Last September, Ben Curran Nicholls went for a daily walk with his father at his home in Manchester, England.
They went to Fletcher Moss Botanical Gardens, where the 14-year-old climbed trees and had a blast.
Along the way, the autistic boy ate two berries from a yew tree.
He writes that it cost him his life Manchester Evening News.
All parts of the yew are poisonous, according to The Great Norwegian Encyclopedia. The plant contains a highly toxic alkaloid taxi.
He had a heart attack
That same evening, Curran Nichols became violently ill, and collapsed on the floor at home.
Several attempts were made to revive the boy at Manchester Royal Children’s Hospital, but to no avail.
His heart stopped and he was pronounced dead a short time later.
His autopsy confirmed that yew poisoning was the cause of death.
Sound the alarm
The tragic death was routinely investigated.
In the so-called “Preventing future deaths” report. Forensic scientist Andrew Bridgman comes forward with a clear speech to British public health authorities and Manchester City Council.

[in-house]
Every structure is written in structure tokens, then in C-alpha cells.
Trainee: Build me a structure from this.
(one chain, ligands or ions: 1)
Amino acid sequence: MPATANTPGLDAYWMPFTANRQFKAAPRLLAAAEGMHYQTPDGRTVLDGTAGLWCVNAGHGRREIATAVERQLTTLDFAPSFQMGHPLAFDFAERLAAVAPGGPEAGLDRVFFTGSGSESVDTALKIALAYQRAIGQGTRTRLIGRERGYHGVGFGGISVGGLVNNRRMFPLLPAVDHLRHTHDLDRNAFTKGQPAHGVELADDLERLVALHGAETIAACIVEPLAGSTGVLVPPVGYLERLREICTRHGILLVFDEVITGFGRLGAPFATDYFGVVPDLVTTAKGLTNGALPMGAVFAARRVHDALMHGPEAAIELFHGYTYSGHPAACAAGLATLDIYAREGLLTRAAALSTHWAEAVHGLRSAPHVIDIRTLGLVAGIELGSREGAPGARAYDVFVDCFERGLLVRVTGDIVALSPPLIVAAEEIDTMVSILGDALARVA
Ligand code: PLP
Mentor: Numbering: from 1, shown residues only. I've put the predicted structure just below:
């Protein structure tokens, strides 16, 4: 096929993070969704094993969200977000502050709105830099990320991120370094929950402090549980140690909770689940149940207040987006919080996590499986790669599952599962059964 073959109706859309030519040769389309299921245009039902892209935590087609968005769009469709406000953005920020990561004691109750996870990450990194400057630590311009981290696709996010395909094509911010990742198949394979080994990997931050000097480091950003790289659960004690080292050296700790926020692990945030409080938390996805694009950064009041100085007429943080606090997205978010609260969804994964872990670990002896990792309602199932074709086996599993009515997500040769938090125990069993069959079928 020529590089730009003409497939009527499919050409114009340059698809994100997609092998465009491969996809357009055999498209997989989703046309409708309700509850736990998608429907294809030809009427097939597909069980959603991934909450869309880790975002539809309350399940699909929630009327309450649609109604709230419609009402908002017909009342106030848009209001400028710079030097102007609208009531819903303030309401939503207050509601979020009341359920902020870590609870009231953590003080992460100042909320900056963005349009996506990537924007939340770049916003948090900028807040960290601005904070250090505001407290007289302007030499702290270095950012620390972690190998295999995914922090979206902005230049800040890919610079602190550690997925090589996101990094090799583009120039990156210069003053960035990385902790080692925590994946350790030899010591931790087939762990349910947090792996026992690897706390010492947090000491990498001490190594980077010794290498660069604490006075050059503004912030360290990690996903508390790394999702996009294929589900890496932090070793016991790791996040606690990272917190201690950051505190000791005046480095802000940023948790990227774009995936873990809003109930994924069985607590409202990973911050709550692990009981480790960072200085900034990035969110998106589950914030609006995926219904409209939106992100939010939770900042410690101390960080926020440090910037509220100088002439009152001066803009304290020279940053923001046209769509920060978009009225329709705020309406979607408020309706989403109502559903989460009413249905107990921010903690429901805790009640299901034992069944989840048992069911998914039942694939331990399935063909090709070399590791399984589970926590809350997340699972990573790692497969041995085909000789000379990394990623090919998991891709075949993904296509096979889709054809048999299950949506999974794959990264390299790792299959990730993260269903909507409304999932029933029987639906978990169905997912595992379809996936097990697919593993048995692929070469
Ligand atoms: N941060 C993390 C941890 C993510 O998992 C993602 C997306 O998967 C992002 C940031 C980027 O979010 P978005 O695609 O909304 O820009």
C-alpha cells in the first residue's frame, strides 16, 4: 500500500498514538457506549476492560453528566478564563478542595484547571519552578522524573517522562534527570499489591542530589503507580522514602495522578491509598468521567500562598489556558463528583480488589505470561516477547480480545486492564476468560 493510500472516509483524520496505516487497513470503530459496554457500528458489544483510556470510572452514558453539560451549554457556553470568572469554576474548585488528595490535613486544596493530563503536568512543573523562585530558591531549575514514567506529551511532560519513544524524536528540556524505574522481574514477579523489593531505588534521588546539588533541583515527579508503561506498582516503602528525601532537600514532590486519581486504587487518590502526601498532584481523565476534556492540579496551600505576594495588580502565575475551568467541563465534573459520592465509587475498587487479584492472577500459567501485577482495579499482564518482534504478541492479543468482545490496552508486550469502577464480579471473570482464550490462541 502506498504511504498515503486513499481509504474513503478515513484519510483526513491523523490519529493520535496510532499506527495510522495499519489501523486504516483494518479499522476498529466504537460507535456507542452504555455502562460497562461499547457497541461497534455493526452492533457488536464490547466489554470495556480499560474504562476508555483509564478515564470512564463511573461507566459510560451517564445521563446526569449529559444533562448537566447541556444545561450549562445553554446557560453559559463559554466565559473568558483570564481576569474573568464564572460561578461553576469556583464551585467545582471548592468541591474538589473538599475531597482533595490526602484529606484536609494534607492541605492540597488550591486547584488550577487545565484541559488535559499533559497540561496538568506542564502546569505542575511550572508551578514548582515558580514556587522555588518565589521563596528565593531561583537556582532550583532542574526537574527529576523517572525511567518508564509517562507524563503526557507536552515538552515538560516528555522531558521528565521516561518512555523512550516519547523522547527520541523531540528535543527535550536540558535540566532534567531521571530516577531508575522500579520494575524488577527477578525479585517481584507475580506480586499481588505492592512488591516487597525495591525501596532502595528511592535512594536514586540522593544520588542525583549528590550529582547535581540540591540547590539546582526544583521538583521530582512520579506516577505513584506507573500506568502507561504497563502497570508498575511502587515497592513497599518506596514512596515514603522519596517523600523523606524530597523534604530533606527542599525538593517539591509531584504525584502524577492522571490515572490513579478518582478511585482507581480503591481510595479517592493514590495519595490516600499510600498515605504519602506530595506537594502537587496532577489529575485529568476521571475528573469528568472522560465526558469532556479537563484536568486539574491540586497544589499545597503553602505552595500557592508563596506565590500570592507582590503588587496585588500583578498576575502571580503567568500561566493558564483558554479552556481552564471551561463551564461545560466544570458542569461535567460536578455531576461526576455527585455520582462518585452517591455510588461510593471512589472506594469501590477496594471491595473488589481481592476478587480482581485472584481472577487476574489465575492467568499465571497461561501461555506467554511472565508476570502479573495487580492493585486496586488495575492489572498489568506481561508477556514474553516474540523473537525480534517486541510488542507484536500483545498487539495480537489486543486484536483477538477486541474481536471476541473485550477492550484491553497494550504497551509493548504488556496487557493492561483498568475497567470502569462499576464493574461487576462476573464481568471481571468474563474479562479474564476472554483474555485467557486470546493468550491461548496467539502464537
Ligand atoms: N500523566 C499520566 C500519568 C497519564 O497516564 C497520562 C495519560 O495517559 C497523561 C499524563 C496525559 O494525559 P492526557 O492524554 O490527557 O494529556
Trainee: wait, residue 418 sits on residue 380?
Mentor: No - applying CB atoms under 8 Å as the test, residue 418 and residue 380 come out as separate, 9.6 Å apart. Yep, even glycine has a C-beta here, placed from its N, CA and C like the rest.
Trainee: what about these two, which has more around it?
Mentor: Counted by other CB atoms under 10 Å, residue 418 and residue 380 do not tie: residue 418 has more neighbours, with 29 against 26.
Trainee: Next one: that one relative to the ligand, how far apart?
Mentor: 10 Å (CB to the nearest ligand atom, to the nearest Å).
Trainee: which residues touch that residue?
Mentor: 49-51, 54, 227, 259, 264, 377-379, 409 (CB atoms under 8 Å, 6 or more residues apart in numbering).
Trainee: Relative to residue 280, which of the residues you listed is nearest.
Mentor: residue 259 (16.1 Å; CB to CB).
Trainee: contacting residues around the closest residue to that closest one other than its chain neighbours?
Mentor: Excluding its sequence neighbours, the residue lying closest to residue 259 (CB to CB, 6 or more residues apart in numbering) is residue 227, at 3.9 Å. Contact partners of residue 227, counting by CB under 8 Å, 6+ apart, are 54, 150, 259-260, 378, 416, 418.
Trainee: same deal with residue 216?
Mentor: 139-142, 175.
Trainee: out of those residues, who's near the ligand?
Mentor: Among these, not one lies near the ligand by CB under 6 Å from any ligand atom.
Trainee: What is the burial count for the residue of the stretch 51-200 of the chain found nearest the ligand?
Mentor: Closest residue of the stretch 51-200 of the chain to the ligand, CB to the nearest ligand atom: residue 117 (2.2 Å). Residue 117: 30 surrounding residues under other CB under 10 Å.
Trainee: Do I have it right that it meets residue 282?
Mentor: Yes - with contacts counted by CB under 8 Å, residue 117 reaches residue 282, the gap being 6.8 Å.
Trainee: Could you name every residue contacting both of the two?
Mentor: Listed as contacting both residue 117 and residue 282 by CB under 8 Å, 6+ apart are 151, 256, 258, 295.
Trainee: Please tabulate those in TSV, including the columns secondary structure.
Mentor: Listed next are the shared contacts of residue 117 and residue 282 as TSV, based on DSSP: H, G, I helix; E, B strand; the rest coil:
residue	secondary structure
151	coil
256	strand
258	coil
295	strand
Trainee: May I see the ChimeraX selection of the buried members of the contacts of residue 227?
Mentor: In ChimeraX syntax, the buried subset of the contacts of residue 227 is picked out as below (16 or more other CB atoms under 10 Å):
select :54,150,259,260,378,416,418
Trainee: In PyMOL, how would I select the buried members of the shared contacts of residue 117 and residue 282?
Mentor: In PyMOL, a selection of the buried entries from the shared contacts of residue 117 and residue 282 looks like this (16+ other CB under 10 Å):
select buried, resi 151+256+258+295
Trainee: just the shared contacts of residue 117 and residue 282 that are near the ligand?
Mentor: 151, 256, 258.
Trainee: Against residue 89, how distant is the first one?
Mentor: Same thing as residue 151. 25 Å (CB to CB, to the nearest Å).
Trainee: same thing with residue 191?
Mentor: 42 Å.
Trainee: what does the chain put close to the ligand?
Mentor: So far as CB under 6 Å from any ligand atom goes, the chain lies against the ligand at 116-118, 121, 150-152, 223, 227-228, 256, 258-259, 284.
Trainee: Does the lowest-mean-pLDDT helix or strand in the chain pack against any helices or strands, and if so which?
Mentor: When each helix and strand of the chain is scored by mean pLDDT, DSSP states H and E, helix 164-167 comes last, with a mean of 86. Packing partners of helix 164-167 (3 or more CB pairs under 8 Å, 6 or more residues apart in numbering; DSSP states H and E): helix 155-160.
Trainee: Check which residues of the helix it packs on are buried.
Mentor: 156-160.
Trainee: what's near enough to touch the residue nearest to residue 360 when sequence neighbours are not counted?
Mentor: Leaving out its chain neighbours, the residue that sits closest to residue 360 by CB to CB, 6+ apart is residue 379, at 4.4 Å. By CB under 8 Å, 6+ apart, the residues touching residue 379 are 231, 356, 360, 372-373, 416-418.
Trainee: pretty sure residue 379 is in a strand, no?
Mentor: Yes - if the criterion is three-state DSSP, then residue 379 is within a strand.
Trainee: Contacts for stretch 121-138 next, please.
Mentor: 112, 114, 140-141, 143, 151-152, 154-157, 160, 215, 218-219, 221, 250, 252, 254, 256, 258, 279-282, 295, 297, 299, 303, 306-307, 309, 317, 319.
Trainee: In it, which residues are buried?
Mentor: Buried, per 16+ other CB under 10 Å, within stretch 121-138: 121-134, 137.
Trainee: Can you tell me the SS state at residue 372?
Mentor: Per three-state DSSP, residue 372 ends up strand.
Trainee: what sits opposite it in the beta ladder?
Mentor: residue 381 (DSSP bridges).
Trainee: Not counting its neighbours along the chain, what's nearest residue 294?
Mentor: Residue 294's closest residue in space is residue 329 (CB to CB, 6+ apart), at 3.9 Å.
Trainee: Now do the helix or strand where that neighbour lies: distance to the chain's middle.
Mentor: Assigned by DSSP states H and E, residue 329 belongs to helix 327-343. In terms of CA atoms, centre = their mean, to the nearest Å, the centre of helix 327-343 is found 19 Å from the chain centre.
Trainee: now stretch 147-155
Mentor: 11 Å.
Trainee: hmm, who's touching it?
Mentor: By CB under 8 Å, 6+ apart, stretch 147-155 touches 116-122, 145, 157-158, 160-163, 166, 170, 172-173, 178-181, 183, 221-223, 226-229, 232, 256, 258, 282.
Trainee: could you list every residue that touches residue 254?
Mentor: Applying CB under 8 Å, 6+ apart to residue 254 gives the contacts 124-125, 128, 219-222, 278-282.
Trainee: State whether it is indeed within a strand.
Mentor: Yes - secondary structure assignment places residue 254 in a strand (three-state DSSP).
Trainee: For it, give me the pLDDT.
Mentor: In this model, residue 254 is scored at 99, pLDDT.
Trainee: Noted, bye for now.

He writes that Ben’s father had no idea that yew was life-threatening, and that this underscores the importance of informing residents – especially caregivers – about toxic plants and trees.
Yew also grows in Norway.
“Berries and the like can be tempting to children who are unaware of their dangers and hazards, and who do not know that they can get sick and die. Clearly the fact that yew is poisonous is not sufficiently known by the population,” he writes.
Fears other consequences
After the tragedy, according to the Manchester Evening News, the authorities considered placing signs in the park warning against eating the yew.
They are said to have dropped the plans for fear that suicidal people would eat the berries.
He fears another death
Coroner Bridgman asks authorities to think twice.
“There is a risk of another death occurring under similar circumstances. Clearly informing the population will reduce the risk of these deaths – perhaps especially for children, if their carers are informed.”
British public health authorities and Manchester City Council have not yet commented on the report to British media.
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